Nevertheless, Paula believes this to have been the case. She claims that the definition misses the mark, for it puts too much emphasis on fitting people into a narrow list of "acceptable" group identities and not enough on the form of violations that the perpetrators carry out. Her work, therefore, aims to better document the situation and its effects to increase our understanding of the situation and build a case around an argument for such a classification. Her dissertation is furthermore unique for its combination of explanatory and normative arguments around human rights within the discipline of history.
Her research on this important topic would not be possible without the generous support of donors, such as those from the Vincent L. Hawkinson Foundation. Founded in 1988, the Hawkinson Foundation "encourages and inspires the next generation of peace and justice leaders." Competitively-based, the scholarship is awarded each year to students across the upper Midwest who demonstrate a commitment to peace and justice as a way to support their studies. As a Hawkinson Foundation Scholar, Paula has been recognized for her impressive scholarship and contributions to the academic community as a whole.
Similarly, the Shoah Foundation's Institute for Visual History and Education supports graduate fellows who are conducting advanced research on topics related to genocide. As the 2016-2017 Center for Advanced Genocide Research Fellow, Paula will be one of the first people with access to the Foundation's newest testimonies of Guatemalan Genocide survivors--an honor for her. She will conduct research from August to September 2016 and give a public talk on her work, which will allow her to further strengthen her analysis and receive additional input from scholars and practitioners.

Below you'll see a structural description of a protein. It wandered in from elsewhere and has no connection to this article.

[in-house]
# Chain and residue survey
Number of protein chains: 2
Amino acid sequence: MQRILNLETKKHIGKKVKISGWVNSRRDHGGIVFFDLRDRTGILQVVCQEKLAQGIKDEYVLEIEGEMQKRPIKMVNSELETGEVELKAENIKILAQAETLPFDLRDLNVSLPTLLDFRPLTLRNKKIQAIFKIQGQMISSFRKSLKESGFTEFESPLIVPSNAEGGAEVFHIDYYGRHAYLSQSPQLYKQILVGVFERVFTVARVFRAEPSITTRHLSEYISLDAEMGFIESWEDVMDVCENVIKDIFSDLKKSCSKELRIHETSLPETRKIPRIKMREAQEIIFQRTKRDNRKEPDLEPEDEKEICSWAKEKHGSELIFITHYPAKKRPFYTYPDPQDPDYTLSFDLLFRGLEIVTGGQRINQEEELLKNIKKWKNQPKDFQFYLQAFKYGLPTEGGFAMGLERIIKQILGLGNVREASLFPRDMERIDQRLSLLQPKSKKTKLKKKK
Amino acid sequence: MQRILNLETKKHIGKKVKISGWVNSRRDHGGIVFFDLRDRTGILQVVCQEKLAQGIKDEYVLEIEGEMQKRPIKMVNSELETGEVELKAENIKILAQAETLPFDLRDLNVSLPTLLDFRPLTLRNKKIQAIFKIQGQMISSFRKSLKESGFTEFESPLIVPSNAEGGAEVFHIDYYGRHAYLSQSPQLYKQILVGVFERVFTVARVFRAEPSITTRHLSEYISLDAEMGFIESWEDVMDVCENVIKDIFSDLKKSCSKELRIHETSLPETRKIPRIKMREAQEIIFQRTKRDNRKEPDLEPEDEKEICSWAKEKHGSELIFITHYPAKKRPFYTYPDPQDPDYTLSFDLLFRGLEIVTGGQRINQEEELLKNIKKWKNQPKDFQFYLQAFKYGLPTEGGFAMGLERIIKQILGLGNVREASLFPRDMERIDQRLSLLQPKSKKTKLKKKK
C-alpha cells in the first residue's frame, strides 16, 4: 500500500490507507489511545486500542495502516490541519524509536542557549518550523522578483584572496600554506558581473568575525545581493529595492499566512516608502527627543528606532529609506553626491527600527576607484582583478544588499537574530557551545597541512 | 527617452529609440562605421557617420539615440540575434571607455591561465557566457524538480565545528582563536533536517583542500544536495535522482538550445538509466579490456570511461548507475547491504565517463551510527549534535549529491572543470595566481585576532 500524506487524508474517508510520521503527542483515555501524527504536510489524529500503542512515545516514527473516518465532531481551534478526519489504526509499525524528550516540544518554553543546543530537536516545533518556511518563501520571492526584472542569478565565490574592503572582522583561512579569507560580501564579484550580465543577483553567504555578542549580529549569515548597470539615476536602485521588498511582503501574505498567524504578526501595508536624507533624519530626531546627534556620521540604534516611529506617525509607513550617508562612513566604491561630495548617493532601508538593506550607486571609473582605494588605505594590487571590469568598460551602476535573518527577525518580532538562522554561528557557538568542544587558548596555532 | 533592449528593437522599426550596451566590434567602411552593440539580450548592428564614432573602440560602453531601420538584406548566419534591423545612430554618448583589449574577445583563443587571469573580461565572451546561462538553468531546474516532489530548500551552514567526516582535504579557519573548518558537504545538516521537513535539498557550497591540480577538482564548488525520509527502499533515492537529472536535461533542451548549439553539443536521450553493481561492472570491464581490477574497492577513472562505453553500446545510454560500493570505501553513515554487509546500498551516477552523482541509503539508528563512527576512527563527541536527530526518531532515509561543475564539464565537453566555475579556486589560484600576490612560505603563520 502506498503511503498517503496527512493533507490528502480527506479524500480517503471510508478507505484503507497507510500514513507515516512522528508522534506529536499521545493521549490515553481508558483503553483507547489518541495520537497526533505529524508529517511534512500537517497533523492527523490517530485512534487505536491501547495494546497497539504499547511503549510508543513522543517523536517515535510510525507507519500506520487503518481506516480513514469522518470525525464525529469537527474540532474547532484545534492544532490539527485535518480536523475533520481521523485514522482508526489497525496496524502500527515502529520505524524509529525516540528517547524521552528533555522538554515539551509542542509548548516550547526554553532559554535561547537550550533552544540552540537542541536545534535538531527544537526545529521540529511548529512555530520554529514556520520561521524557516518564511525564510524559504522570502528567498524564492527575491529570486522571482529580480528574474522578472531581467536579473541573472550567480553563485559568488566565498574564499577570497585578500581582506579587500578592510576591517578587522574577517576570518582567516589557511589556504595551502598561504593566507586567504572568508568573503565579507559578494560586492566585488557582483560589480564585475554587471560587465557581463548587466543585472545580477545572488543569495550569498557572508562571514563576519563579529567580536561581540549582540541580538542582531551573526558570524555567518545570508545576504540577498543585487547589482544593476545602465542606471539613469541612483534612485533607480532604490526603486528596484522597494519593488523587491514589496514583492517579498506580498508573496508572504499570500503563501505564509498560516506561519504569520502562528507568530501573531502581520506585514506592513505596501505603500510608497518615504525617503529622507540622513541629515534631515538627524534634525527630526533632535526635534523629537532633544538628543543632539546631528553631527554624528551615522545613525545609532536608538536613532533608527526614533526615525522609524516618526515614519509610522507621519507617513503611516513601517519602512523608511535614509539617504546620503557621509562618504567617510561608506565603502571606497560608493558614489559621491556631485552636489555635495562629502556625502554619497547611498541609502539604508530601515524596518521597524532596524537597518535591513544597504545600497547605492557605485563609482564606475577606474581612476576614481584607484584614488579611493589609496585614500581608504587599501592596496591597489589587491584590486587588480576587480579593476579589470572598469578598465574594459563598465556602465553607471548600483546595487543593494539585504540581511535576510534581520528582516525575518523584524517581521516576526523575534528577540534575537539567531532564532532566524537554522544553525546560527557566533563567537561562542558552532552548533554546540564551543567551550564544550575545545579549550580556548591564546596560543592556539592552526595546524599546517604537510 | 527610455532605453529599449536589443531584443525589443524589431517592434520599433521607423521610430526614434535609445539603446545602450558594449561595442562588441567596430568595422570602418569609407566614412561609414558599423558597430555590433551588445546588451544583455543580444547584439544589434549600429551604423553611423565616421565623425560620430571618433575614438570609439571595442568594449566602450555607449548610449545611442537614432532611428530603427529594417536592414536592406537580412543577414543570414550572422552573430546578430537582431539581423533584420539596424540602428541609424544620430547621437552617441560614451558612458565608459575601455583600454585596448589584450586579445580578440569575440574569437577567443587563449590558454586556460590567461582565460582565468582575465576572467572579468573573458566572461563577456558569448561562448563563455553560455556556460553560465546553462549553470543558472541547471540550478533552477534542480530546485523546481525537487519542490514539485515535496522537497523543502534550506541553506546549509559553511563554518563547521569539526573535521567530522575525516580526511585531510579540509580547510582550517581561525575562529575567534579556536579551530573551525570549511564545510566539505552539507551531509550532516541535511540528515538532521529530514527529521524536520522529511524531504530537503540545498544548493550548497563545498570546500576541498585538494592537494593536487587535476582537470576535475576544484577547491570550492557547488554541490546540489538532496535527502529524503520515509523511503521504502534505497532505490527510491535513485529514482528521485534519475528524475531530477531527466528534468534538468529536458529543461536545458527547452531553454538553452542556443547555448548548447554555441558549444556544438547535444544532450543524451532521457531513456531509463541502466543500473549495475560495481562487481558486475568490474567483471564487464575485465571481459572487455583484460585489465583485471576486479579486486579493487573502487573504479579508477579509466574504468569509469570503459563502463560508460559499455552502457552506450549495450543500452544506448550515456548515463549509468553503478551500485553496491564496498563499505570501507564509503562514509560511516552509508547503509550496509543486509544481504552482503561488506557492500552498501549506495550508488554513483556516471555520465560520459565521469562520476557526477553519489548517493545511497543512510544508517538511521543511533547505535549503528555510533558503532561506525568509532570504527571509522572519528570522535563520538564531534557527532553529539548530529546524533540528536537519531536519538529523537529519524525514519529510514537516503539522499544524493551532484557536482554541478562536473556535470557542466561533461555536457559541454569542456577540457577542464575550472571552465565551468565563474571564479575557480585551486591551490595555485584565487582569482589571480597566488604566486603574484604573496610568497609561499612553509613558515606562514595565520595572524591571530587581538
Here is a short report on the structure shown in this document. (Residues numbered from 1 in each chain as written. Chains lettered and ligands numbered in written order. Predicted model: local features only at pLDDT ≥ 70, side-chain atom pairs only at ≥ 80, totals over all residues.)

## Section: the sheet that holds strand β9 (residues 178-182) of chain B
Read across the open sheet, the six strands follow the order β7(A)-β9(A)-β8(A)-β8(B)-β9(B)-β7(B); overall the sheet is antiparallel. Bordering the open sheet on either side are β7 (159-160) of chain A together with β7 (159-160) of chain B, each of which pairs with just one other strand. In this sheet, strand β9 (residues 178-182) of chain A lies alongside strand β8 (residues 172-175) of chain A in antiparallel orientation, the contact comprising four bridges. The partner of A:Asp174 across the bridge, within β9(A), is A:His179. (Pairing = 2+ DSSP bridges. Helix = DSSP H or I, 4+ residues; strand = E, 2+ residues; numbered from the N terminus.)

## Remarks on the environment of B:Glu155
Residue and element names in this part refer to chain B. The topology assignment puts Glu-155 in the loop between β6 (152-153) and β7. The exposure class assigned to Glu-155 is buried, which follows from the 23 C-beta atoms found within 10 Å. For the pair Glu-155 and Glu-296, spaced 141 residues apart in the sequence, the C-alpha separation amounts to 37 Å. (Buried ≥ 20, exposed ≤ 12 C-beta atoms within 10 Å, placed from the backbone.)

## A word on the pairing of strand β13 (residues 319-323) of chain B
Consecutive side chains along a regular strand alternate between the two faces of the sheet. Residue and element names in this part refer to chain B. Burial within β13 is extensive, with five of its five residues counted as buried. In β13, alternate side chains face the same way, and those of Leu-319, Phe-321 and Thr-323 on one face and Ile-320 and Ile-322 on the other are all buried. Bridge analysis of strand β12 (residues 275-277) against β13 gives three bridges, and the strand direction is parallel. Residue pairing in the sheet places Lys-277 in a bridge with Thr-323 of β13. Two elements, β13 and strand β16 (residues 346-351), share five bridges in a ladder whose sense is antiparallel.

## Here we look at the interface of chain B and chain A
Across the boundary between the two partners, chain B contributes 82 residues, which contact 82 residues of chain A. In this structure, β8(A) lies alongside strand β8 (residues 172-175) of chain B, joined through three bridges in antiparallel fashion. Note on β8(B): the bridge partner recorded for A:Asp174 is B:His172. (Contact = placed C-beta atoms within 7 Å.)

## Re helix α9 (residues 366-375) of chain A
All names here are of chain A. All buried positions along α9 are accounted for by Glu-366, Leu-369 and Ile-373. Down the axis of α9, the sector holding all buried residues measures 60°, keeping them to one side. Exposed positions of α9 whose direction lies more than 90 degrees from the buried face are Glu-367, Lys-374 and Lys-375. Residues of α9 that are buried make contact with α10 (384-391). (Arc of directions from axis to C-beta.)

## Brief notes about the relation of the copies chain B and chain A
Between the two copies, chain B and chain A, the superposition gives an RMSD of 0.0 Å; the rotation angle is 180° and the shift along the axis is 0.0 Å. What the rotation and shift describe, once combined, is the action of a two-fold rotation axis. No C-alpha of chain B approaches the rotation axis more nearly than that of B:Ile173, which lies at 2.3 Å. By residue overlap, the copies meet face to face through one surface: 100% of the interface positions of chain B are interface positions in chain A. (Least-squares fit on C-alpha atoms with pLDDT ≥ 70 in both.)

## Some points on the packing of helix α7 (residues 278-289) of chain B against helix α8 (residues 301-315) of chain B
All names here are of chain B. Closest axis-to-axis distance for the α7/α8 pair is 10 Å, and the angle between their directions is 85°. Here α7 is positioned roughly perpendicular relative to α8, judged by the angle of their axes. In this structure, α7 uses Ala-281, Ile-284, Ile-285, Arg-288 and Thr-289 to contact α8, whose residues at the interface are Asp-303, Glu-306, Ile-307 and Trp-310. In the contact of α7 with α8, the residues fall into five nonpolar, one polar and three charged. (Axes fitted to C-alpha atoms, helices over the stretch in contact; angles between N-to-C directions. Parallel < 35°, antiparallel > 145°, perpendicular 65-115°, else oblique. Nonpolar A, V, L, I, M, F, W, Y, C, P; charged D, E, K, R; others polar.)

Moreover, Paula has been awarded an International Fellowship from the American Association of University Women (AAUW) to support her research. Aiming at empowering women in academia, AAUW is recognizing her substantial contributions to understanding violence against women and girls and how reparation measures can be better applied to fit their needs. Her awarding is momentous, they recognize, as she is the first Salvadorean to win an AAUW fellowship.
Her current research is the culmination of many years of schooling. Paula received an LL.B. Degree from the Central American University José Simeón Cañas in San Salvador (El Salvador), a Master's Degree in Human Rights and Education for Peace from the University of El Salvador, and a Master's Degree in Human Rights and Democratization Processes from the University of Chile. She also holds an LL.M. degree in International Human Rights Law from Notre Dame.